First sentence: I've only seen the ice flowers once.
Premise/plot: Some books are near-impossible to summarize concisely...and do the book justice. This is such a book. I want to just say READ IT. But I won't. That really won't help you make up your mind now, or refresh my memory later. Charlie, the heroine, learns a little about wishes and a lot about life in this middle grade fantasy. Why is it fantasy and not realistic fiction? A talking fish that grants Charlie wishes.
My thoughts: I LOVED this one so much. Why? Perhaps in large part because of the narrator, Charlie. I truly connected with her--despite our differences--and wanted to spend time with her. I just adored her as a character. And because I adored her, I didn't mind a bit reading about Irish dancing (she made it sound super fun!) and ice-fishing (not convinced this is super fun but still not enough of a deterrent to keep me from loving it). I really felt this one was well-layered and peopled with flesh-and-blood characters.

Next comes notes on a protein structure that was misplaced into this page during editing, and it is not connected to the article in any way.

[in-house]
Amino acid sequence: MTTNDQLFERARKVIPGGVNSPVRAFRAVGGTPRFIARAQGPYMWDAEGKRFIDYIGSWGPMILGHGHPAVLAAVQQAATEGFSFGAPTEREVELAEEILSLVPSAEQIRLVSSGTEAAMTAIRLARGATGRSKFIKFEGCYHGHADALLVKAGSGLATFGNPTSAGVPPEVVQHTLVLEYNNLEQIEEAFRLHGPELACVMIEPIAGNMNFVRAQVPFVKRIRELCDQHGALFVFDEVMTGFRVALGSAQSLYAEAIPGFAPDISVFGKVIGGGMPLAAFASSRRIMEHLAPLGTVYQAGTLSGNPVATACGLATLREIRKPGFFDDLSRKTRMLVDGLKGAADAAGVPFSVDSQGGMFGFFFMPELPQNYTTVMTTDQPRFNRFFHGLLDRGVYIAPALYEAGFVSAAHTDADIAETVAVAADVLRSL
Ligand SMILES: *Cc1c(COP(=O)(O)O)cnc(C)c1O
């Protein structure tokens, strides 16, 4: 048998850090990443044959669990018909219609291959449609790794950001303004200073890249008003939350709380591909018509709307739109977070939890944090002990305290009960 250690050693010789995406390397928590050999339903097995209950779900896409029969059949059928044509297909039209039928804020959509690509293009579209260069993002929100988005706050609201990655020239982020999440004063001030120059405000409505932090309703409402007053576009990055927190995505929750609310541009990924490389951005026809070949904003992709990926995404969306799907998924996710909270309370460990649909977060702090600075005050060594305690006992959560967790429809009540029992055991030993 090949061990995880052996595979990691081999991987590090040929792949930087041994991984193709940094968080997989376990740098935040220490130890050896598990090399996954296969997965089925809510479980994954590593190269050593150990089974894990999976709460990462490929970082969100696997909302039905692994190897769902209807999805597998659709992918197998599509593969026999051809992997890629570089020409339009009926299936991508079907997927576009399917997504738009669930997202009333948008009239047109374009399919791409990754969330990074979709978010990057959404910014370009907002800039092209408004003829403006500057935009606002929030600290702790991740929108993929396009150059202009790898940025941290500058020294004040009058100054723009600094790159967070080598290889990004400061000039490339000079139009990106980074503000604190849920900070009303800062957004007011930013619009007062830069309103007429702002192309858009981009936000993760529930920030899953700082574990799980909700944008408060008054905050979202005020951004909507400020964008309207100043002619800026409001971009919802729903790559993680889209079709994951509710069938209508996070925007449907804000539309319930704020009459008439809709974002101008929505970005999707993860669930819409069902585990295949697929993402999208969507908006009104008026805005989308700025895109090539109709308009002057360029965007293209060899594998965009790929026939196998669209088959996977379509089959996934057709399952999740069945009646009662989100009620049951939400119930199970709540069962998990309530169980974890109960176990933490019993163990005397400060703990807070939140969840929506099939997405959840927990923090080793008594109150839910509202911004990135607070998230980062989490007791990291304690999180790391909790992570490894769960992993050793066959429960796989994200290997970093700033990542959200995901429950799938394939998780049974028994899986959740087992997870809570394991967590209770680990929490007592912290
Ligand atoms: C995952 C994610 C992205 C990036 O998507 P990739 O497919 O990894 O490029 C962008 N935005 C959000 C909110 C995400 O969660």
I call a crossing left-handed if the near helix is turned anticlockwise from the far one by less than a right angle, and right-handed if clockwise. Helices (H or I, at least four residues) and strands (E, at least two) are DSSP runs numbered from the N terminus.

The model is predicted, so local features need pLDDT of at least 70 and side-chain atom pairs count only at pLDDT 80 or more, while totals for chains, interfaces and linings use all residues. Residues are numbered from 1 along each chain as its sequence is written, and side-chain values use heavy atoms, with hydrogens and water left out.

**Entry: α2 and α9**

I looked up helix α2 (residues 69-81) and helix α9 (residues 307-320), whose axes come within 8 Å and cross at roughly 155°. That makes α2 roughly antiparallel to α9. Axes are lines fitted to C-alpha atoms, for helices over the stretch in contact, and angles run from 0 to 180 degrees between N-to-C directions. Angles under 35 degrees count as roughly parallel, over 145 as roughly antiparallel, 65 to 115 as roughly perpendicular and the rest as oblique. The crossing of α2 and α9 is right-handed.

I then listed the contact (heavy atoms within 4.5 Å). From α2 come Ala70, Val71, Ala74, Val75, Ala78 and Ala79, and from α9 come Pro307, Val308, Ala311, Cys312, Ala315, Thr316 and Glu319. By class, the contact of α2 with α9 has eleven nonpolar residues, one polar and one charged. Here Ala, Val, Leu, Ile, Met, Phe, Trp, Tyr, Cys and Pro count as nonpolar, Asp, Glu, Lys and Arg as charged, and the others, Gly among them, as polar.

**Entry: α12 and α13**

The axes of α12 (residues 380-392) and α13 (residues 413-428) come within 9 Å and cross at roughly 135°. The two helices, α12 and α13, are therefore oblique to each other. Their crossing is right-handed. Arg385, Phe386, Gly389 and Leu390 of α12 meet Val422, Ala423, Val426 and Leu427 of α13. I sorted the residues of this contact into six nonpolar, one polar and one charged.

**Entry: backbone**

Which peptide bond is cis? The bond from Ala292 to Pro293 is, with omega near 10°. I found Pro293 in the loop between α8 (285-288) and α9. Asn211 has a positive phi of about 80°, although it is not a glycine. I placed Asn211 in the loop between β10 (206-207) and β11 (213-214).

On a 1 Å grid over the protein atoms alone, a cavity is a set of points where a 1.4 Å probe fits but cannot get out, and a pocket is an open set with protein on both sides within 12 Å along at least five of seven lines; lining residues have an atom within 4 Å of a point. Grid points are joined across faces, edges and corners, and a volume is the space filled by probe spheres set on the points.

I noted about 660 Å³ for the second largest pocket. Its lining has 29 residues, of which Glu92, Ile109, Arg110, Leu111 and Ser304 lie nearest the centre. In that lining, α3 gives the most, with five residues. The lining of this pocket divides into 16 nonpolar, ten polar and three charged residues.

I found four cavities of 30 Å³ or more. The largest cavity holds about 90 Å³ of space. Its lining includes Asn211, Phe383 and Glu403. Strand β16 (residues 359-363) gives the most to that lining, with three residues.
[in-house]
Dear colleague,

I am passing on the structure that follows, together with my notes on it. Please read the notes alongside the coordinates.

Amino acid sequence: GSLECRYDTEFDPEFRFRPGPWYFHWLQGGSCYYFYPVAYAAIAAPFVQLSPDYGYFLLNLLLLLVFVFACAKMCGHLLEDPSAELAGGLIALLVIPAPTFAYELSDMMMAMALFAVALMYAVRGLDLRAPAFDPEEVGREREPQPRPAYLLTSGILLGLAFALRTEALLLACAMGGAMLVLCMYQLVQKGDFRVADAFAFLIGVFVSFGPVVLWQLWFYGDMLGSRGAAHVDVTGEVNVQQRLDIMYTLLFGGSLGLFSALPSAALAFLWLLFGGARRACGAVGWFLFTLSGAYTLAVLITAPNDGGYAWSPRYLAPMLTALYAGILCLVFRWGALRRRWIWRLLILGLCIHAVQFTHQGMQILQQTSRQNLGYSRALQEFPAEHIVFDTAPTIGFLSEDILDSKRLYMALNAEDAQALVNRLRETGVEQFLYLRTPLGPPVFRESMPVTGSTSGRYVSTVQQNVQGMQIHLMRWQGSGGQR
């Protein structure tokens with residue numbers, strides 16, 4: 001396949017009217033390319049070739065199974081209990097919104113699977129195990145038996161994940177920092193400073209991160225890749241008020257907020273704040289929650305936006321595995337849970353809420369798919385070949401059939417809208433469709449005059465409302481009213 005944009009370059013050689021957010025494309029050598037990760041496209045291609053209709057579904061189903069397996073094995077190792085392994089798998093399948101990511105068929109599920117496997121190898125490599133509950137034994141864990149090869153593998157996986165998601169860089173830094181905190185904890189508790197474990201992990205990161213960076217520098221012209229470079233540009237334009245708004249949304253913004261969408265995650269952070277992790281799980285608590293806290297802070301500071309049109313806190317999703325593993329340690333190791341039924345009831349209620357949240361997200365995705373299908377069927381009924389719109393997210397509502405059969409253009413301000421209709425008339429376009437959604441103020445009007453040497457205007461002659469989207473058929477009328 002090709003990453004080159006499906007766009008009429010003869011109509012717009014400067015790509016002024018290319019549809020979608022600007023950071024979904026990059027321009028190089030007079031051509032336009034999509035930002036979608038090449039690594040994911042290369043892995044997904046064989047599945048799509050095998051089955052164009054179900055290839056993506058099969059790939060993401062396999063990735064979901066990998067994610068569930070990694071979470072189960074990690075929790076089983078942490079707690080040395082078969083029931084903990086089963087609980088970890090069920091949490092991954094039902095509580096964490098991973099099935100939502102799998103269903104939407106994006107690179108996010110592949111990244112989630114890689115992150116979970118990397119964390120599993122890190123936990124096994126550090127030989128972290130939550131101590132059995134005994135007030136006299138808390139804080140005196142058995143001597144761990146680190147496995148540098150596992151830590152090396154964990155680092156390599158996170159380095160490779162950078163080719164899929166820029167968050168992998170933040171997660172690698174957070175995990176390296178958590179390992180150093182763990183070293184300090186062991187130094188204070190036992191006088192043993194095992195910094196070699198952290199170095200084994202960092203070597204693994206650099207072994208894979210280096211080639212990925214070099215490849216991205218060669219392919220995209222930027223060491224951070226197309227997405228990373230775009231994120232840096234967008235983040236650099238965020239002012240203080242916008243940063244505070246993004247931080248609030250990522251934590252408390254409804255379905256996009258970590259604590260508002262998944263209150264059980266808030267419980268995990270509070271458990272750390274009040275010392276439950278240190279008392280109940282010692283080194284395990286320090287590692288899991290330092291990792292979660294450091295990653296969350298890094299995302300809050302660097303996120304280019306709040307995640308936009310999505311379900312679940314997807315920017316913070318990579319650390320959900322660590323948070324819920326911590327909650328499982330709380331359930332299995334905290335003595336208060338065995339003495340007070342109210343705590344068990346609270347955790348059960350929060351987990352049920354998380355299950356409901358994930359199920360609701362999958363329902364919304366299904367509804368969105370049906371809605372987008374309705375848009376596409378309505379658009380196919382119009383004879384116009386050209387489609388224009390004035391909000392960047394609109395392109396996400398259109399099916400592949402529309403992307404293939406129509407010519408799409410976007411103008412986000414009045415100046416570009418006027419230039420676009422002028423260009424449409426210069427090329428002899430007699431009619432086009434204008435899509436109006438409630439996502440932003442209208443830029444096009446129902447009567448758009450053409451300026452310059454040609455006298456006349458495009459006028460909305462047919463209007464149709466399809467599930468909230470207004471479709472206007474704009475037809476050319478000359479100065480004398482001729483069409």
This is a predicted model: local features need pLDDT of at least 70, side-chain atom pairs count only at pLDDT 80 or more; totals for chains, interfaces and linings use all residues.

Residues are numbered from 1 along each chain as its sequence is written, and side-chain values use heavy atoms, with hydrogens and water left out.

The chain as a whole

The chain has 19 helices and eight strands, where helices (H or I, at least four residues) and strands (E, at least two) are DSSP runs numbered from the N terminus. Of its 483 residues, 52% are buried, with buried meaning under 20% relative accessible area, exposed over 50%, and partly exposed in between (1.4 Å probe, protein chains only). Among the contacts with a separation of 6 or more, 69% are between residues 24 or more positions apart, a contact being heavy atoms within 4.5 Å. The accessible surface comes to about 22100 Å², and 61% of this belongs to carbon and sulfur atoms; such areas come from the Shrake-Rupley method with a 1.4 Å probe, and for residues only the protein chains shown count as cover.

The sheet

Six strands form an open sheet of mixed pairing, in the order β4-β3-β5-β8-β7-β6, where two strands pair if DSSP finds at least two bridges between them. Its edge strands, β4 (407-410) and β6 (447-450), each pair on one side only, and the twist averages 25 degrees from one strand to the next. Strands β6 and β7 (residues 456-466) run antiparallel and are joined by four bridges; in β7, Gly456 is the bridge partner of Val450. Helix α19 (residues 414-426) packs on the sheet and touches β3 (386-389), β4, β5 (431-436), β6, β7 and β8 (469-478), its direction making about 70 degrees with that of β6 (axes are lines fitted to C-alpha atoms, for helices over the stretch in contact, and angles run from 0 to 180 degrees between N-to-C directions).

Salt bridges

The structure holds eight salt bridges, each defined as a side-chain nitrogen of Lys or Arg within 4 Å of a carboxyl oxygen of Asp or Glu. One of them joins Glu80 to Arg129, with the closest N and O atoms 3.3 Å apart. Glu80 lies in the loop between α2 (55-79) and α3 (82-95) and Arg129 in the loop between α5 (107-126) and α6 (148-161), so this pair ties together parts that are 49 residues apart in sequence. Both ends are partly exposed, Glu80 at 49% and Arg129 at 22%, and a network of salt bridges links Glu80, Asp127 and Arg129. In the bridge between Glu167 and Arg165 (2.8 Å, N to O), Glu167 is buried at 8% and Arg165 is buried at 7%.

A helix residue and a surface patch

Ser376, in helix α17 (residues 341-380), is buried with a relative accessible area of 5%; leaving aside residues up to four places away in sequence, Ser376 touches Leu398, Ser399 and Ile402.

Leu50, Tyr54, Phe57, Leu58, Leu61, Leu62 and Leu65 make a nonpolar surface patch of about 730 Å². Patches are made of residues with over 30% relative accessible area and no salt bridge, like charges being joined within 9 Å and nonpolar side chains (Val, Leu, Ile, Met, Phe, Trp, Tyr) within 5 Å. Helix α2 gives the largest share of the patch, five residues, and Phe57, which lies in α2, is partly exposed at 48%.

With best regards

This one was wonderfully balanced between light and dark. On the one hand, we've got Charlie and her friends and their "problems." (A friend whose father is pressuring him to play sports when that is the absolute last thing he wants to do, for example. Charlie's own "troubles" about wanting to earn money so she can buy a dancing dress for competitions.) On the other hand, we've got grown-up problems as well. Charlie's sister experiments with drugs--with heroin--at college and life becomes MESSY very quickly.
The Seventh Wish doesn't read like your typical PROBLEM NOVEL. It doesn't feel weighed down with manipulative messages, themes, and morals. Part of me wishes that this one didn't have the fantasy elements--the fish that grants wishes. The other part realizes that maybe the fantasy elements give this one a just right balance so that it isn't heavy and serious and dramatic and IMPORTANT.
© 2016 Becky Laney of Becky's Book Reviews